At the beginning of my sermon series on the Psalms, I said that the scholar Walter Bruggemann has grouped the psalms into three categories. First, he said, there are psalms of orientation which describe the norms of a faithful life and project confidence that a person who follows those norms will experience goodness and success as a result. They are the psalms that would be spoken by the frontiersman who strides into the mountains of Appalachia certain of his way and confident that the path he is following will take him through safely to the other side. We can think of Psalms of orientation as the way in which many of us began our lives in faith believing that if we accepted the presence of Christ in our lives and went to church regularly; if we worked to be good and upright, we would set our lives upon a firm foundation that could not be shaken. Psalms of disorientation, Brueggemann says, however, are the words of lament and distress keened by that same faithful person whose sure foundation is suddenly swept away by tragedy and loss. Or to go back to the metaphor of the frontiersman, the path he is following through the mountains disappears suddenly and he looks around to discover that the familiar landmarks are gone. In a psalm of disorientation, all the psalmist can do is rend the heavens with tears, crying out in the words of Psalm 22, “My God, my God, why have you forsaken me?” The Psalmist admits his or her fear that they are truly lost — that there is no hope, no way forward, no way out of the wilderness of pain and suffering they are experiencing. And then finally, Bruggemenn says, there are the psalms of reorientation. These psalms describe the faith that emerges after tragedy. The psalmist realizes that he wasn’t truly lost but only “a mite confused for a while” and that in fact, there is still life to be lived and even joy to be had as God leads the psalmist to a new understanding of faith.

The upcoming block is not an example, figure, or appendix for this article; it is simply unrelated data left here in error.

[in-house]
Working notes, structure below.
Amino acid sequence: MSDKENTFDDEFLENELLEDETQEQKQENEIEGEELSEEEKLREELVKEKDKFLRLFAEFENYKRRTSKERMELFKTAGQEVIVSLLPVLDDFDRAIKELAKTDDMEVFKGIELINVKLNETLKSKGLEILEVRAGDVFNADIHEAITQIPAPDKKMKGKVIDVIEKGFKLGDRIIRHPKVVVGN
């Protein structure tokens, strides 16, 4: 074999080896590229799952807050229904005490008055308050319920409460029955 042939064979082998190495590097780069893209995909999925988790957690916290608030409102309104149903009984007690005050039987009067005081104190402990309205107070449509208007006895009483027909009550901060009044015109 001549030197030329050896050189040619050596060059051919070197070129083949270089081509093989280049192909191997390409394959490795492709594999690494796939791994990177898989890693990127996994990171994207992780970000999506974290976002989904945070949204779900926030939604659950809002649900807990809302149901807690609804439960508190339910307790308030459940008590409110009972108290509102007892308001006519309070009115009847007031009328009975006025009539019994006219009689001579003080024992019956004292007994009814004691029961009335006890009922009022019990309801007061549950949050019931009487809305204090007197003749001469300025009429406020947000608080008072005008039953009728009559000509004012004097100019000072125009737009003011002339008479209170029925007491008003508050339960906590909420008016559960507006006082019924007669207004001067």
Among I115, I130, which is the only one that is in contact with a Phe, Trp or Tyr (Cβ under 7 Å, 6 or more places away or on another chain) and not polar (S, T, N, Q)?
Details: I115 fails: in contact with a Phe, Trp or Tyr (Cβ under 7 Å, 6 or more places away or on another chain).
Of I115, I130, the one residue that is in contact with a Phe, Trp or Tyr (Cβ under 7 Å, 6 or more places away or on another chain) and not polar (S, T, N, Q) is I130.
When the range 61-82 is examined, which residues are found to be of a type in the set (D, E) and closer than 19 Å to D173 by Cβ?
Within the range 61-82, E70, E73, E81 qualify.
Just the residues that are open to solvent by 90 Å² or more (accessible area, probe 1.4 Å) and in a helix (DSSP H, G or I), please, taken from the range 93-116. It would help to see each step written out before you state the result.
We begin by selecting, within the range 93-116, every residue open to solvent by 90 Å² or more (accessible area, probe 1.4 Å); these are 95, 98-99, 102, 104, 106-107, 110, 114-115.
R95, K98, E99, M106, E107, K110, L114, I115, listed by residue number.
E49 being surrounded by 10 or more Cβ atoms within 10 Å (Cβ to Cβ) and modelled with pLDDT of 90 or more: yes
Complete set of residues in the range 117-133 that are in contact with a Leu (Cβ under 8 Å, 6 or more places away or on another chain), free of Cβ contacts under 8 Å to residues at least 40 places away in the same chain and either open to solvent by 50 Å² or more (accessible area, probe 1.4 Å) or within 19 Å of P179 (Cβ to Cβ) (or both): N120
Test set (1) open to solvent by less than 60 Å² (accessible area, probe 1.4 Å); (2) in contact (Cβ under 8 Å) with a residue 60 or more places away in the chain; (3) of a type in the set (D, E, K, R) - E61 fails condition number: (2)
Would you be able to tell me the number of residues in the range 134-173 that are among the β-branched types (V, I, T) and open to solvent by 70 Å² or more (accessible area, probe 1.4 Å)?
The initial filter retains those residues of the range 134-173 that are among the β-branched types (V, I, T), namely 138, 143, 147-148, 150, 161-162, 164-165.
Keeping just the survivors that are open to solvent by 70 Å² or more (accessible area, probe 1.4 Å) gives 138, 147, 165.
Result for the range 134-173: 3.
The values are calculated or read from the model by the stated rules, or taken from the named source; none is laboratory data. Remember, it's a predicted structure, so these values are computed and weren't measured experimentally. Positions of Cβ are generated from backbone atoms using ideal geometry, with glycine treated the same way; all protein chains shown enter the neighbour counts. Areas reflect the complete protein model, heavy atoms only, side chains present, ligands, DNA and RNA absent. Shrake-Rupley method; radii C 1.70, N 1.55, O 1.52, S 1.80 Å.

Psalm 30 is a psalm of reorientation, and we can hear in its words that progression from orientation to disorientation to reorientation. Verses 6 and 7 — verses of orientation — say, “As for me, I said in my prosperity, ‘I shall never be moved,’ By your favor, O Lord, you had established me as a strong mountain…” The psalmist describes that confidence of faith that he experienced initially when everything was going well, but then he goes on to say, “you hid your face; I was dismayed.” Something happened that challenged all of his assumptions about God and faith, and he describes his resulting disorientation: “To you, O Lord, I cried… What profit is there in my death, if I go down to the Pit? Will the dust praise you? Will it tell of your faithfulness?” The psalmist admits that his old view of faith was a kind of quid pro quo deal — “you keep me safe, God, and I will praise you to the people” — but when tragedy strikes, when God doesn’t keep him safe, everything he believed about the purpose of faith is suddenly upended.